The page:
The focus of this cooperative agreement is to assess and evaluate system level and individual level factors that impact access to eye care;and to identify barriers and enablers to the delivery of eye care conforming to best practices that prevent vision loss and promote eye health. The Johns Hopkins Translational Research Center (TRC) will analyze multiple existing databases to develop a knowledge base for a public health interventions aimed at reducing healthcare disparities and improving the eye health of underserved populations in the United States. Specifically, we will focus on focus on cataract, glaucoma, and diabetic retinopathy. Finally, we propose a collaborative study that uses this knowledge for implementation at the city level. The first set of analyses will focus on personal and perceived system barriers associated with the uptake of eyecare services in three previously studied populations: African Americans and Caucasians from the Salisbury Eye Evaluation (SEE) study and Latinos living in Arizona (studied as part of Proyecto Ver) and Latinos living in Baltimore (evaluated in the ProVision study funded by the NIH). The barriers and enablers of obtaining cataract surgical services will be assessed in all three racial/ethnic groups, whereas factors related to screening for diabetic retinopathy will be addressed using the two Latino populations, supplemented with analyses of the National Health and Nutrition Examination Surveys (NHANES). Finally, the rates of glaucoma screening provided using the Medicare screening benefit as well as the rates and patterns of treatment of glaucoma will be assessed using data from Medicare. Additionally, NHANES has both visual field and optic nerve imaging and these data will be used to determine associations with having been diagnosed with glaucoma when it is present in order to identify groups at high risk for underdiagnosis. The proposed TRC network combined project will consist of establishing diabetic retinopathy (DR) screening surveillance systems in collaboration with city governments to be able to monitor patterns of care, especially among at risk underserved populations. An intervention will be tested to increase DR screening rates based on the findings of the analyses described above. Finally, a pre/post assessment will be made to see if the intervention might be expanded nationally.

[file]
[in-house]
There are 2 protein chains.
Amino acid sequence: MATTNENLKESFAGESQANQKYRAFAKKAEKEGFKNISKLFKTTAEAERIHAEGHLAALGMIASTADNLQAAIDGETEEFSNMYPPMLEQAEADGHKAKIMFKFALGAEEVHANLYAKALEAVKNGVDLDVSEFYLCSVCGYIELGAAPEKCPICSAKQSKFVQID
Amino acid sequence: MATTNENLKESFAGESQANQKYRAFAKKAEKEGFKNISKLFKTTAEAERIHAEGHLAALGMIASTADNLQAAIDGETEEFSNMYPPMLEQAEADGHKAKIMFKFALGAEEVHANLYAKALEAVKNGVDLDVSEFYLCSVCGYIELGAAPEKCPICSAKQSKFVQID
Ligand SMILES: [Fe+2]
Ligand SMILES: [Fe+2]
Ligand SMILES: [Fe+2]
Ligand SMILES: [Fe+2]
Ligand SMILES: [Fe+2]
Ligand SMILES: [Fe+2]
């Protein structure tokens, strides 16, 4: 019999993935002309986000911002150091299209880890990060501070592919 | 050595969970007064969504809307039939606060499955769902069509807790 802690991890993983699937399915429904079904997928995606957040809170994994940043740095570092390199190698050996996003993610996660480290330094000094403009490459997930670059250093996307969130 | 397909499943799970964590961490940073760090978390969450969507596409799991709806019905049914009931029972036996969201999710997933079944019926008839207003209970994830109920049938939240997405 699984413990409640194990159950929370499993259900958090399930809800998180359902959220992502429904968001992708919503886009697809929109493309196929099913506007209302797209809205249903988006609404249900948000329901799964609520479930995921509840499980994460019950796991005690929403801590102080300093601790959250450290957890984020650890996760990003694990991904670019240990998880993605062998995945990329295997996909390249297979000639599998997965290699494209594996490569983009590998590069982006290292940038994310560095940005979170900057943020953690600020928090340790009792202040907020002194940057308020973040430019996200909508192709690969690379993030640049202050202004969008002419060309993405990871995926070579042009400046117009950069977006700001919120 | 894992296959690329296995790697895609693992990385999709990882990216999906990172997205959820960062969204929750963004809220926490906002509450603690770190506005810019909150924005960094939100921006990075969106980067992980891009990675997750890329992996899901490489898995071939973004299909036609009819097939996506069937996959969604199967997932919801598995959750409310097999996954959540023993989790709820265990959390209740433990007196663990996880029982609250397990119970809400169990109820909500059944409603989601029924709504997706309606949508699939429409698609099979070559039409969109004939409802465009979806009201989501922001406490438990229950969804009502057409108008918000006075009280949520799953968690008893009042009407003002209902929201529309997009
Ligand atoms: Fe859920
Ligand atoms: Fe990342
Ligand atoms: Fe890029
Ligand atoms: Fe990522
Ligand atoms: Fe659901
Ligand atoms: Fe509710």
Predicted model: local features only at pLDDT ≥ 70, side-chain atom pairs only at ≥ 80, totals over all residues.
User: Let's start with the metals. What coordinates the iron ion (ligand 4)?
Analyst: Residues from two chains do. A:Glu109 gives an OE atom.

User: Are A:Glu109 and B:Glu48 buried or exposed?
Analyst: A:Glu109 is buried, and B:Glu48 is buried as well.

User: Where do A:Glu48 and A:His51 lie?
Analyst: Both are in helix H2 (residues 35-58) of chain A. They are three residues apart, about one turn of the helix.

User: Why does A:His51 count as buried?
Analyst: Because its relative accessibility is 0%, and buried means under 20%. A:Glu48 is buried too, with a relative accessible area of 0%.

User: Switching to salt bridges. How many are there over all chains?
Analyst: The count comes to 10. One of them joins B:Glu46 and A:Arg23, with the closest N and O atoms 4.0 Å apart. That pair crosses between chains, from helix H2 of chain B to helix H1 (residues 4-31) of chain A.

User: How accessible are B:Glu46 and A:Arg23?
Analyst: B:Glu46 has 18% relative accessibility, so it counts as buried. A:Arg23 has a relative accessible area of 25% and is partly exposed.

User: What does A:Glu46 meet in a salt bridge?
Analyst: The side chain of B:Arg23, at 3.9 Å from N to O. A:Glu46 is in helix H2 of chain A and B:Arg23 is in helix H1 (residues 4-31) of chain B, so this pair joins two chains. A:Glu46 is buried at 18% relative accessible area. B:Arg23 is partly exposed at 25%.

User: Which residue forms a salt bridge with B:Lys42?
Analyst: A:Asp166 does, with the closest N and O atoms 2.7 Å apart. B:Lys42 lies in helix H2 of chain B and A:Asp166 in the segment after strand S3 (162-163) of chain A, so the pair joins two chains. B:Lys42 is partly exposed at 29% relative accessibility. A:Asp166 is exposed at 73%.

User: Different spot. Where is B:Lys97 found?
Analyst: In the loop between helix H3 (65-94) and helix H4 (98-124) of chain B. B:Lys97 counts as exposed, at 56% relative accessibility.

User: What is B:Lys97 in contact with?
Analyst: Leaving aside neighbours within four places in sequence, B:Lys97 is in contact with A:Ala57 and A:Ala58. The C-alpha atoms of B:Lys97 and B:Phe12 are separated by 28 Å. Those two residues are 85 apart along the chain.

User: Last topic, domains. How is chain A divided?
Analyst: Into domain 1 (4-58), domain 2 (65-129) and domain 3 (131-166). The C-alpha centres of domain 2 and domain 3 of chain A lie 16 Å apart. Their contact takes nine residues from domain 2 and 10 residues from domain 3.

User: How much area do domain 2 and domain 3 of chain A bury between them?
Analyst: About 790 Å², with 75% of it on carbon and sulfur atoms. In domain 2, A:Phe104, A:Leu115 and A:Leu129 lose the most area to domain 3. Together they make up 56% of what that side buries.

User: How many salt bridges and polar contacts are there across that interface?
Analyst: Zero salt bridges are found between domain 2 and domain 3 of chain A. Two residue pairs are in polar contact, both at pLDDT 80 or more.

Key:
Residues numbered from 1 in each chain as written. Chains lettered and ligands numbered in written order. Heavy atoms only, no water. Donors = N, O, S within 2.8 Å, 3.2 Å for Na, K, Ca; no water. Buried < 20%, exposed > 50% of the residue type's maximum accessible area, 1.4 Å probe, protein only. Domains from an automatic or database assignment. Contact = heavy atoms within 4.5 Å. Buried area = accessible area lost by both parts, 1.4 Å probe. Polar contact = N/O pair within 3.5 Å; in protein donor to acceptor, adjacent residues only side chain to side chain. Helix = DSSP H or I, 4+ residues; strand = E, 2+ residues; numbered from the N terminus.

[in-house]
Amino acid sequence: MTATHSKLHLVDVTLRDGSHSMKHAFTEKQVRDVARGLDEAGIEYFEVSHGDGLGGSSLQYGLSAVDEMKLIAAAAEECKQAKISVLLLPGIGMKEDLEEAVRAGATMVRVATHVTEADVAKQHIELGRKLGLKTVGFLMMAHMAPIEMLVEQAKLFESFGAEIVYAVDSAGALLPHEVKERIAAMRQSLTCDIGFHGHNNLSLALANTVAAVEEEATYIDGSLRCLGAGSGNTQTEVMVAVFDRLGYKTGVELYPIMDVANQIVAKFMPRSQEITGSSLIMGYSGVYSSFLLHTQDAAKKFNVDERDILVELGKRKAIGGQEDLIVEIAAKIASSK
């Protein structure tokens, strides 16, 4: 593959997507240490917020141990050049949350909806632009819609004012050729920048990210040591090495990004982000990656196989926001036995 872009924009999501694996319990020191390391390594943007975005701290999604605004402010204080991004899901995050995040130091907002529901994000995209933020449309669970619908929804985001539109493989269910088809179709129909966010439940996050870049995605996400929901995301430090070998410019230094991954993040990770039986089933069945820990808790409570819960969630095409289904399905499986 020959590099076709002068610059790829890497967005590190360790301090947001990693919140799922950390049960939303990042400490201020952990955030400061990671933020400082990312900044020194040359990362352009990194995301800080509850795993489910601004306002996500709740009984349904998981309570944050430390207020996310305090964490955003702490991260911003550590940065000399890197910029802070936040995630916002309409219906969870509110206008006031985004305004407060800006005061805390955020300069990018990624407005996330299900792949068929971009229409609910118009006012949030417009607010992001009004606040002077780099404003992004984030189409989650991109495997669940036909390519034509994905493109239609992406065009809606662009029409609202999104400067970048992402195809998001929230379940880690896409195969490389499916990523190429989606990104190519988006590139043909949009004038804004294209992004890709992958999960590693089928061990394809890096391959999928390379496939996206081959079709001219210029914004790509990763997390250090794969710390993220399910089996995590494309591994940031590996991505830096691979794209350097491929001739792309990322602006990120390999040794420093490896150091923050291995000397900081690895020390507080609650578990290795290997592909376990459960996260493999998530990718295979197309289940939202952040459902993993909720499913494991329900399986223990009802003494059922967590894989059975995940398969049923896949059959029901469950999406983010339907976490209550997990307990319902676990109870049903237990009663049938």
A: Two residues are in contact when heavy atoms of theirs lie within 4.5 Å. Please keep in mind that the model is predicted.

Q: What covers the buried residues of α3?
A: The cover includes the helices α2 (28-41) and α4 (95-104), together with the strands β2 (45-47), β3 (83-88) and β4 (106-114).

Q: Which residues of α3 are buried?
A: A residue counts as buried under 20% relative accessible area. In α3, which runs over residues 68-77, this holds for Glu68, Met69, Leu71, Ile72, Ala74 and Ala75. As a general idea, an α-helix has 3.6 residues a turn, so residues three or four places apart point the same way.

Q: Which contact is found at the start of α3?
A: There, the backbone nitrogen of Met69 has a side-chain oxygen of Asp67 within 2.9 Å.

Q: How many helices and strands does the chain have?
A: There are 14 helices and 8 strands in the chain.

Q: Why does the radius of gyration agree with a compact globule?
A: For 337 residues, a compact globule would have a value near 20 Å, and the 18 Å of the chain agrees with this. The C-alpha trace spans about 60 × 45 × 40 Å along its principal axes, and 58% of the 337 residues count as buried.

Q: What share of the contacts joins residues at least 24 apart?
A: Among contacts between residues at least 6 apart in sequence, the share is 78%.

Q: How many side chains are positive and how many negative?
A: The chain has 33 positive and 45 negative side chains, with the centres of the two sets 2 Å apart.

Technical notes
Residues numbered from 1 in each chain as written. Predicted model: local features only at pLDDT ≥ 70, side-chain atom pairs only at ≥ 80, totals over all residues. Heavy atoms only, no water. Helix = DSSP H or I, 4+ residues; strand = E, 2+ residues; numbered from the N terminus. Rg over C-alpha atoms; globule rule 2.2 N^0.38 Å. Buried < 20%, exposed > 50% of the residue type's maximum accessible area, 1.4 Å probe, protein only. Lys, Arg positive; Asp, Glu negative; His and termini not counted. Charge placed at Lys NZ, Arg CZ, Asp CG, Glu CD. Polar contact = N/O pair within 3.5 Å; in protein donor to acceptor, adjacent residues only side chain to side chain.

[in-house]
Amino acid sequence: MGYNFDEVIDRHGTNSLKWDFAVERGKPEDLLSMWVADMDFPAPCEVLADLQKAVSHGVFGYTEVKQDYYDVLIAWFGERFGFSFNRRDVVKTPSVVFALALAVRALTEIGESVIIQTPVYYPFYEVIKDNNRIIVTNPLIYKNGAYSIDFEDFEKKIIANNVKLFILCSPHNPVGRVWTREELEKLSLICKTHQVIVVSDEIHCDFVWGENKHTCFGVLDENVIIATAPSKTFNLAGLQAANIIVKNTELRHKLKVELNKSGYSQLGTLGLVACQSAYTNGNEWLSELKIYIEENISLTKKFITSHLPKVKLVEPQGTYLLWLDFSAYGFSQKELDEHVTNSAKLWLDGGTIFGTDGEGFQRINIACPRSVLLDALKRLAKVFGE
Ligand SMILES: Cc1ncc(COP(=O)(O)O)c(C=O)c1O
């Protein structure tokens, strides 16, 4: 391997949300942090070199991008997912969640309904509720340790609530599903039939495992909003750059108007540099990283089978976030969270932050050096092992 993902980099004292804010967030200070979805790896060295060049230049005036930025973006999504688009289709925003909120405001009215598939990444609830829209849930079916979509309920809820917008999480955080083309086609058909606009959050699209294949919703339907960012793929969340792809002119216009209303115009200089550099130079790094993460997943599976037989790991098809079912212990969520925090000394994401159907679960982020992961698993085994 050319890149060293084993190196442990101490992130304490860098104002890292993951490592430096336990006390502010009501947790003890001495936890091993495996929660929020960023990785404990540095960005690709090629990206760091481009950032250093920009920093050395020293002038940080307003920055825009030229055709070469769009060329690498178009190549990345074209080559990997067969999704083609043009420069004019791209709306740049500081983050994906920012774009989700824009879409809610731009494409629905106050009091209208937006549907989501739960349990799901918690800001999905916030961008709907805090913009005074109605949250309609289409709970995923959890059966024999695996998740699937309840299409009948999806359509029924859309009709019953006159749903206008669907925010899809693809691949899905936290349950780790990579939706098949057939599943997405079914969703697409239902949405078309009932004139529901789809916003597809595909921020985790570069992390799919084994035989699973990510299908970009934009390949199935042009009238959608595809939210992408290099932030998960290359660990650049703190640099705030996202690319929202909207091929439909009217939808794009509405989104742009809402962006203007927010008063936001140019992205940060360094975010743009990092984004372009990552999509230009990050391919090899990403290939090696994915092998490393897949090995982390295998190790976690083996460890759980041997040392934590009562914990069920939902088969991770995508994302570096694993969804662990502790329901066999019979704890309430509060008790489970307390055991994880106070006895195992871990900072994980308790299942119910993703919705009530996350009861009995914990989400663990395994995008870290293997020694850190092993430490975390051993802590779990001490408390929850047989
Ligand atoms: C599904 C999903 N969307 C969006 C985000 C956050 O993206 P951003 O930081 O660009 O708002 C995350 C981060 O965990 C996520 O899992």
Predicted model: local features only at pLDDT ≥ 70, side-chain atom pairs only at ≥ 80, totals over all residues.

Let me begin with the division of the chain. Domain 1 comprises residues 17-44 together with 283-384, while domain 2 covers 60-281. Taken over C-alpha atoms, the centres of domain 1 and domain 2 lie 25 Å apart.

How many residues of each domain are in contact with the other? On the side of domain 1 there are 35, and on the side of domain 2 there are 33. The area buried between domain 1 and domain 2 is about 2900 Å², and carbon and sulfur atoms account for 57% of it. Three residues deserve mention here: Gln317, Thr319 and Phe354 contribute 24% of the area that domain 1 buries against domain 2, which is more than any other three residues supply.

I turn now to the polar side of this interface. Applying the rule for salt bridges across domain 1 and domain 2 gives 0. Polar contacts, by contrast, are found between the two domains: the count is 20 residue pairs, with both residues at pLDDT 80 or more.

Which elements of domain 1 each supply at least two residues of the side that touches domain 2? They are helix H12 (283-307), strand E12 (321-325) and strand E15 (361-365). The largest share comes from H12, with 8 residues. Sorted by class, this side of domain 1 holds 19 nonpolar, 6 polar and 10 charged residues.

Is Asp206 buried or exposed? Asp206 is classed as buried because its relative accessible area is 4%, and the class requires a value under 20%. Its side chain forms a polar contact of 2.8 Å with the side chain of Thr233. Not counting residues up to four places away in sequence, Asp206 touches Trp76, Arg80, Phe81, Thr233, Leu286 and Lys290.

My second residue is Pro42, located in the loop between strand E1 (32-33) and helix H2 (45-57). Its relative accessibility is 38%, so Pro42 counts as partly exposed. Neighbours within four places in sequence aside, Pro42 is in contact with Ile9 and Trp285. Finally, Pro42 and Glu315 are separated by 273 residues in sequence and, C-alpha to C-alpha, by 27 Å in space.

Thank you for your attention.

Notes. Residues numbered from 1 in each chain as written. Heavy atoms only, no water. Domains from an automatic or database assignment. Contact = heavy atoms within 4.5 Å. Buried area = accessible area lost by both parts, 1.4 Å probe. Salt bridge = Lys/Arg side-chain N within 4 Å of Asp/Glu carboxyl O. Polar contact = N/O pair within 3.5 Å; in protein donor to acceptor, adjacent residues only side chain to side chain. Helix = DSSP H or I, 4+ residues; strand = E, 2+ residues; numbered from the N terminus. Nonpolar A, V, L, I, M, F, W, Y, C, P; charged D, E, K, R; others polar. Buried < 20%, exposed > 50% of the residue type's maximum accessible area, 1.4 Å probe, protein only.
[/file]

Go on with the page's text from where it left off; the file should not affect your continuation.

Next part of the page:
This study is highly relevant to the public health. Findings from this research will inform policy planners and insurance administrators of key barriers and enablers associated with the major blinding eye conditions faced by minority populations in the United States. Furthermore, the high risk but high impact network project may lead to novel public health approaches at the city level to improving eyecare for persons with diabetes.
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